Python docstring comments parsed in the command-line interface.

The help(get_person) function call returns a docstring for your function. The output contains get_person(name, age, d=False), which is a function signature that Python adds automatically.

The get_person.__ doc__ attribute can also be used to retrieve and modify docstrings programmatically. After adding “Some more new information” in the example above, it appears in the second call to help(get_person). Still, it’s unlikely that you will need to dynamically alter docstrings at runtime like this.

TODO Comments

When writing code, there are occasions when you’ll want to highlight certain lines or entire blocks for improvement. These tasks are flagged by TODO comments. TODO comments come in handy when you’re planning updates or changes to your code, or if you wish to inform the project’s users or collaborators that specific sections of the file’s code remain to be written.

TODO comments should not be written as pseudocode — they just have to briefly explain the function of the yet-unwritten code.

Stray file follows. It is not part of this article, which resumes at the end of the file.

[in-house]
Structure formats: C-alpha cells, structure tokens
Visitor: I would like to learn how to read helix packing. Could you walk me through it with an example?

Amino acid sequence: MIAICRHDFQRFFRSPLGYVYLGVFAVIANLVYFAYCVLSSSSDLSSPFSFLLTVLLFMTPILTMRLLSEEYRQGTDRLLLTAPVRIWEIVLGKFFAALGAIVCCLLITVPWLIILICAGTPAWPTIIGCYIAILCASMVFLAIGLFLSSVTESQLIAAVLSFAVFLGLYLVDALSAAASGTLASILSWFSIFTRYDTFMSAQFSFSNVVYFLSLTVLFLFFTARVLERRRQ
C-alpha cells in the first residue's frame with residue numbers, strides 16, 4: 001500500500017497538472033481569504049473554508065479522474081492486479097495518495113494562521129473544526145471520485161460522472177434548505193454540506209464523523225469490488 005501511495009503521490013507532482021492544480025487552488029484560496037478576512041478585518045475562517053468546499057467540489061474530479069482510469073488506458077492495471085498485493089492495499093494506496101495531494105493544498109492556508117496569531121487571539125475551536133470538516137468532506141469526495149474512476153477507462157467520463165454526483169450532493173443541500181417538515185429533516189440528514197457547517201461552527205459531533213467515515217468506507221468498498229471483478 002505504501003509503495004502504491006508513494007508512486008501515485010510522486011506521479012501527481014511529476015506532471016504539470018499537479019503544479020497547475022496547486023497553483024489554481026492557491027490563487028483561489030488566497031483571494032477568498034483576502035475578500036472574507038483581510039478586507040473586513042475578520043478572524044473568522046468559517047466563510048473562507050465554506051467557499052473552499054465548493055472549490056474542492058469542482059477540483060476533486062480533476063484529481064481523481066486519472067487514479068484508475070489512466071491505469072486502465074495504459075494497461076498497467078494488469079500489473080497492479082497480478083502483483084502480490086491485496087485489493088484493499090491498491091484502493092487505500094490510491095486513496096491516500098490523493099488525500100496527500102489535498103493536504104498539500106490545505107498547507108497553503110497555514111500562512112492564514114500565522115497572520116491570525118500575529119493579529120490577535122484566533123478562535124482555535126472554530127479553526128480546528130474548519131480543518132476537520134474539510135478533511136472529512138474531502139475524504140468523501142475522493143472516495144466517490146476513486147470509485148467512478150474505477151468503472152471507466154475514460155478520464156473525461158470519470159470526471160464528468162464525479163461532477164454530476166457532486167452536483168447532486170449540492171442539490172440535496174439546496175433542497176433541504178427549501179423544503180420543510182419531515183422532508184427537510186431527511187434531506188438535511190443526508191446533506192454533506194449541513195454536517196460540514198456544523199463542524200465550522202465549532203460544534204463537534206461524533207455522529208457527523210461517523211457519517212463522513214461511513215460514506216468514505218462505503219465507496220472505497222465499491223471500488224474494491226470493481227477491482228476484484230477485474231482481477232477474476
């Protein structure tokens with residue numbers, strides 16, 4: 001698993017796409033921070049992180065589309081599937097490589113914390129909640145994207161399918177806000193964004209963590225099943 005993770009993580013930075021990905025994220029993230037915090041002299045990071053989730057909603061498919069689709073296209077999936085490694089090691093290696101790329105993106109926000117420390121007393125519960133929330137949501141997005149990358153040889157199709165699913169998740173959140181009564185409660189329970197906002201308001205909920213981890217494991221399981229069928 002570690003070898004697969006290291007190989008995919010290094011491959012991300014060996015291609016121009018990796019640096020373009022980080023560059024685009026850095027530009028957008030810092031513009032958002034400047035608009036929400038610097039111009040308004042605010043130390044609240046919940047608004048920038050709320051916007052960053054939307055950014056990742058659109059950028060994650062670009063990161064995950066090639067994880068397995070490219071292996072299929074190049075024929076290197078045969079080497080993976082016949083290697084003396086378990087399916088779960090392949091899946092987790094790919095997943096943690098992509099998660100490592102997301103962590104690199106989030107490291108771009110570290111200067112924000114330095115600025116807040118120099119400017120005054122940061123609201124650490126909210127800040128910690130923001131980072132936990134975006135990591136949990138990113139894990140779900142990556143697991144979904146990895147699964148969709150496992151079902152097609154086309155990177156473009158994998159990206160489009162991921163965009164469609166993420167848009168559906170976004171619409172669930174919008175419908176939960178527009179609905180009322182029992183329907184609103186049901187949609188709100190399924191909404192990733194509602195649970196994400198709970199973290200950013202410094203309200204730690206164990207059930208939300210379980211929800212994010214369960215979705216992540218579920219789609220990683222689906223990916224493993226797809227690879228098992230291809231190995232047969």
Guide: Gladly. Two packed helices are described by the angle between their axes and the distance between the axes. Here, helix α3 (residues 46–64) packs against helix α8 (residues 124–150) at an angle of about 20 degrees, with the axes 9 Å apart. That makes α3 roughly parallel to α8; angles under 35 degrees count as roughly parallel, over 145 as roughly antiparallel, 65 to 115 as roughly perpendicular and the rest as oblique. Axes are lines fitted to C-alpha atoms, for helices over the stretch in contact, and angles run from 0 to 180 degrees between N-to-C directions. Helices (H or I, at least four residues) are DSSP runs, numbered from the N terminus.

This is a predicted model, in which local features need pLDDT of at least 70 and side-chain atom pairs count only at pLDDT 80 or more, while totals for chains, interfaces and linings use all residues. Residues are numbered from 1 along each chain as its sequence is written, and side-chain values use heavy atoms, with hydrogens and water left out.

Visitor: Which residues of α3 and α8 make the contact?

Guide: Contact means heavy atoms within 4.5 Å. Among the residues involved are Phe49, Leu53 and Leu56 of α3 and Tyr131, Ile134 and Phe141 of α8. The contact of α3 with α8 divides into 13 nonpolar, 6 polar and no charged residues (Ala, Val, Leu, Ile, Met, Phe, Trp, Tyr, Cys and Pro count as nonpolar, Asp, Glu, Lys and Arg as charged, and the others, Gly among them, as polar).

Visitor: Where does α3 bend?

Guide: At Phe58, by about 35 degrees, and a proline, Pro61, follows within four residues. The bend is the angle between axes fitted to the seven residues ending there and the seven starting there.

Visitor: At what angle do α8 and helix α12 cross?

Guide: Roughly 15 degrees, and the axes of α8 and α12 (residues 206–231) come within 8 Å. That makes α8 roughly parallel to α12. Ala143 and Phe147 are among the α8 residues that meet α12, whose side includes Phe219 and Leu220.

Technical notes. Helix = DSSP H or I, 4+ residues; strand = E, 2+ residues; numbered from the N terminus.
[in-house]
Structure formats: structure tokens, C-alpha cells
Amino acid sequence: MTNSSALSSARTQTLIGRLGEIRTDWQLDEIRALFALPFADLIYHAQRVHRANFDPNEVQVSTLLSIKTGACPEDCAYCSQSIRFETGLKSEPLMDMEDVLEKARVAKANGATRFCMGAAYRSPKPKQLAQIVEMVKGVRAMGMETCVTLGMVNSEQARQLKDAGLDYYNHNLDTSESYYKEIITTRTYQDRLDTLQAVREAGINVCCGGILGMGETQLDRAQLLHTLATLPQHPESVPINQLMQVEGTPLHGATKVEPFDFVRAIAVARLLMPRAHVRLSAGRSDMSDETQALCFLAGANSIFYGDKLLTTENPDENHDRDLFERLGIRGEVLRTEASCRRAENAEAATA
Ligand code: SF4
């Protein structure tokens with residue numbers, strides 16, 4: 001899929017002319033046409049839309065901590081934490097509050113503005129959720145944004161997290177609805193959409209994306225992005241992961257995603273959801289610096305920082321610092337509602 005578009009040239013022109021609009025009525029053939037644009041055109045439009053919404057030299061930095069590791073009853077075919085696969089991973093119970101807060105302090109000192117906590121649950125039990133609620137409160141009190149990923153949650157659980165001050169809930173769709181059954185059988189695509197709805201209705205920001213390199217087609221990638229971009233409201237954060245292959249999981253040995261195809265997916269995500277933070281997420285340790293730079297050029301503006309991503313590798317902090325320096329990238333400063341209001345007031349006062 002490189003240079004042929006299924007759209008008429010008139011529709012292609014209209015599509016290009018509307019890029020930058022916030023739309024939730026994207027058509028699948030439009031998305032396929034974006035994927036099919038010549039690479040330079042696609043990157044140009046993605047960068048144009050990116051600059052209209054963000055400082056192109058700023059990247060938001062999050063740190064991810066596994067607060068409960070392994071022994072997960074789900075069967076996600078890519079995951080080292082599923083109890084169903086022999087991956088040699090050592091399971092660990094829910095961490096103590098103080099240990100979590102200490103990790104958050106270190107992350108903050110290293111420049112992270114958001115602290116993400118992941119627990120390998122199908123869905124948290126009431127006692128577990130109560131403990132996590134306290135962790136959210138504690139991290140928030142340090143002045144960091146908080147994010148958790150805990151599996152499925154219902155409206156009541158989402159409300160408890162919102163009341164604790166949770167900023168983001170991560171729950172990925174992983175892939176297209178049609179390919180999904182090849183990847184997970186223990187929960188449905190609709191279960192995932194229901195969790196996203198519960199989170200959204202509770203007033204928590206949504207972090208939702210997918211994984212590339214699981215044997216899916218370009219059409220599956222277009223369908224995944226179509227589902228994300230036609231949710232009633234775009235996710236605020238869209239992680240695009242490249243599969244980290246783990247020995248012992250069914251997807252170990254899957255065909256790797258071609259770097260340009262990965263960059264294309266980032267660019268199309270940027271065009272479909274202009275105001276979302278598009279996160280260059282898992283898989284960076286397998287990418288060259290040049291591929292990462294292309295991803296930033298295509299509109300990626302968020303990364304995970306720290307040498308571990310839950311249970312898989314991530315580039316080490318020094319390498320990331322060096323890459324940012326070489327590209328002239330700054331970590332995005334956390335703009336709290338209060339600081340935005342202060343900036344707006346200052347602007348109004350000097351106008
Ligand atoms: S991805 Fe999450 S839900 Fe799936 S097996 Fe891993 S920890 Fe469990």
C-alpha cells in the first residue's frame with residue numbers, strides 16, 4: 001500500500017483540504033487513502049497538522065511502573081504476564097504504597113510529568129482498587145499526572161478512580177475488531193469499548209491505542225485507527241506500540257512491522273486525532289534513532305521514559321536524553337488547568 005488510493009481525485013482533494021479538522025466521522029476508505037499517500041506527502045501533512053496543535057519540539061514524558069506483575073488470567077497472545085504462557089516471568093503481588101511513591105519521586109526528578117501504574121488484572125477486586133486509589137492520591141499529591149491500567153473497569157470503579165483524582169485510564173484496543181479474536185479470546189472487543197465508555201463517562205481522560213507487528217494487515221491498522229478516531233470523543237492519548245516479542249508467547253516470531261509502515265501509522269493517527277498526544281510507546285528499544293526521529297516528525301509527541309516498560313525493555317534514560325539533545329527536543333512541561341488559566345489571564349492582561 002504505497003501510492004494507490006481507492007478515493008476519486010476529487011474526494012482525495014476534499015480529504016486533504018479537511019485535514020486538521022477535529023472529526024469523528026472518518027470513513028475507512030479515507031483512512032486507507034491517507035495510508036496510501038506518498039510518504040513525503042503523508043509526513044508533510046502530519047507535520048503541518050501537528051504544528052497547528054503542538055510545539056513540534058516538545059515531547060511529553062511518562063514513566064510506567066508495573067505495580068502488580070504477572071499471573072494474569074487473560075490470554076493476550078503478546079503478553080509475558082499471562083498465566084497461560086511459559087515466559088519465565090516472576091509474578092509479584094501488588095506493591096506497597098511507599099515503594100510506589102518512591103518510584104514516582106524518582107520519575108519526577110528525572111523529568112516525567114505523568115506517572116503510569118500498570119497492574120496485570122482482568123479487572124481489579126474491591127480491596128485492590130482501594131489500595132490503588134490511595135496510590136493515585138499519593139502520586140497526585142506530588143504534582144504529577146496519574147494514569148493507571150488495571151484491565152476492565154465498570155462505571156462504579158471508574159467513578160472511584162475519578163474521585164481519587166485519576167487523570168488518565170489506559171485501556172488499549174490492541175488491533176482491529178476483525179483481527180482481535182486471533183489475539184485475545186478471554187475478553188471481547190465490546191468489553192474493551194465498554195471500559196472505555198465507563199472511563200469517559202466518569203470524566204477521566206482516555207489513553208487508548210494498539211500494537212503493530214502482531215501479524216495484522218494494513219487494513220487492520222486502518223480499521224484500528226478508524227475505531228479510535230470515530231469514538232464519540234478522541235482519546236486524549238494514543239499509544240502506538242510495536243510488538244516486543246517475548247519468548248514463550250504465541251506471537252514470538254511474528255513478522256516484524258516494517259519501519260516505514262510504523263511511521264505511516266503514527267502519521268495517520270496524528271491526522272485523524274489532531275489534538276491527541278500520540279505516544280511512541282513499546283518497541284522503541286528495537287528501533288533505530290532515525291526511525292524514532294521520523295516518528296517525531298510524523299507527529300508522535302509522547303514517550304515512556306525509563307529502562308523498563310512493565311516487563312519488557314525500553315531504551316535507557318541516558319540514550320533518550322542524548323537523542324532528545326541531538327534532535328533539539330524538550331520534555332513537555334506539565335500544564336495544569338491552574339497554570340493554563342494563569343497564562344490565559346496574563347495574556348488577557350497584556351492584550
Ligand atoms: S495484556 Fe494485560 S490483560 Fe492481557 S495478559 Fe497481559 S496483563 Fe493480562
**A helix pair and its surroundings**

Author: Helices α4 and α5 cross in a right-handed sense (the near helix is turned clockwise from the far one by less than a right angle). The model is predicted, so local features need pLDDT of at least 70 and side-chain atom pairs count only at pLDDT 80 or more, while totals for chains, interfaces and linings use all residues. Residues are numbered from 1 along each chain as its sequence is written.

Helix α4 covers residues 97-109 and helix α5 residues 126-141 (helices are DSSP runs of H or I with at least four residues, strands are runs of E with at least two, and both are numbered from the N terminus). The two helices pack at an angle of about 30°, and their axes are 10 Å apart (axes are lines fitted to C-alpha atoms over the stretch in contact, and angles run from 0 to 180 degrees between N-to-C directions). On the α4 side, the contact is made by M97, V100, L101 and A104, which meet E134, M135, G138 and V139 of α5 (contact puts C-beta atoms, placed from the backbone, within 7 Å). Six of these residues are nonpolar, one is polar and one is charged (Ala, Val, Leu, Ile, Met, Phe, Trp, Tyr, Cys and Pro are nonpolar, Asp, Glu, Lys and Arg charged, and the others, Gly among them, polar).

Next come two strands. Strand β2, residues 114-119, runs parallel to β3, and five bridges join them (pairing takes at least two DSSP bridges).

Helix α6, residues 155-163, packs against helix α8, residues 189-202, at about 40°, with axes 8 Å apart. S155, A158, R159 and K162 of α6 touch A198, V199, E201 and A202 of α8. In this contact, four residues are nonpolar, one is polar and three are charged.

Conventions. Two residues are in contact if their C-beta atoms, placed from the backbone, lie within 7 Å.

TODO comments and single-line block comments are very similar, and the sole distinction between them is that TODO comments must begin with a TODO prefix:

# TODO Get serialized data from the CSV file
# TODO Perform calculations on the data
# TODO Return to the user

It’s important to note that although many IDEs can highlight these comments for the programmer, the Python interpreter does not view TODO comments any differently from block comments.

Best Practices When Writing Python Comments

There are a number of best practices that should be followed when writing comments to ensure reliability and quality. Below are some tips for writing high-quality comments in Python.

Avoid the Obvious

Comments that state the obvious don’t add any value to your code, and should be avoided. For example:

x = x + 4 # increase x by 4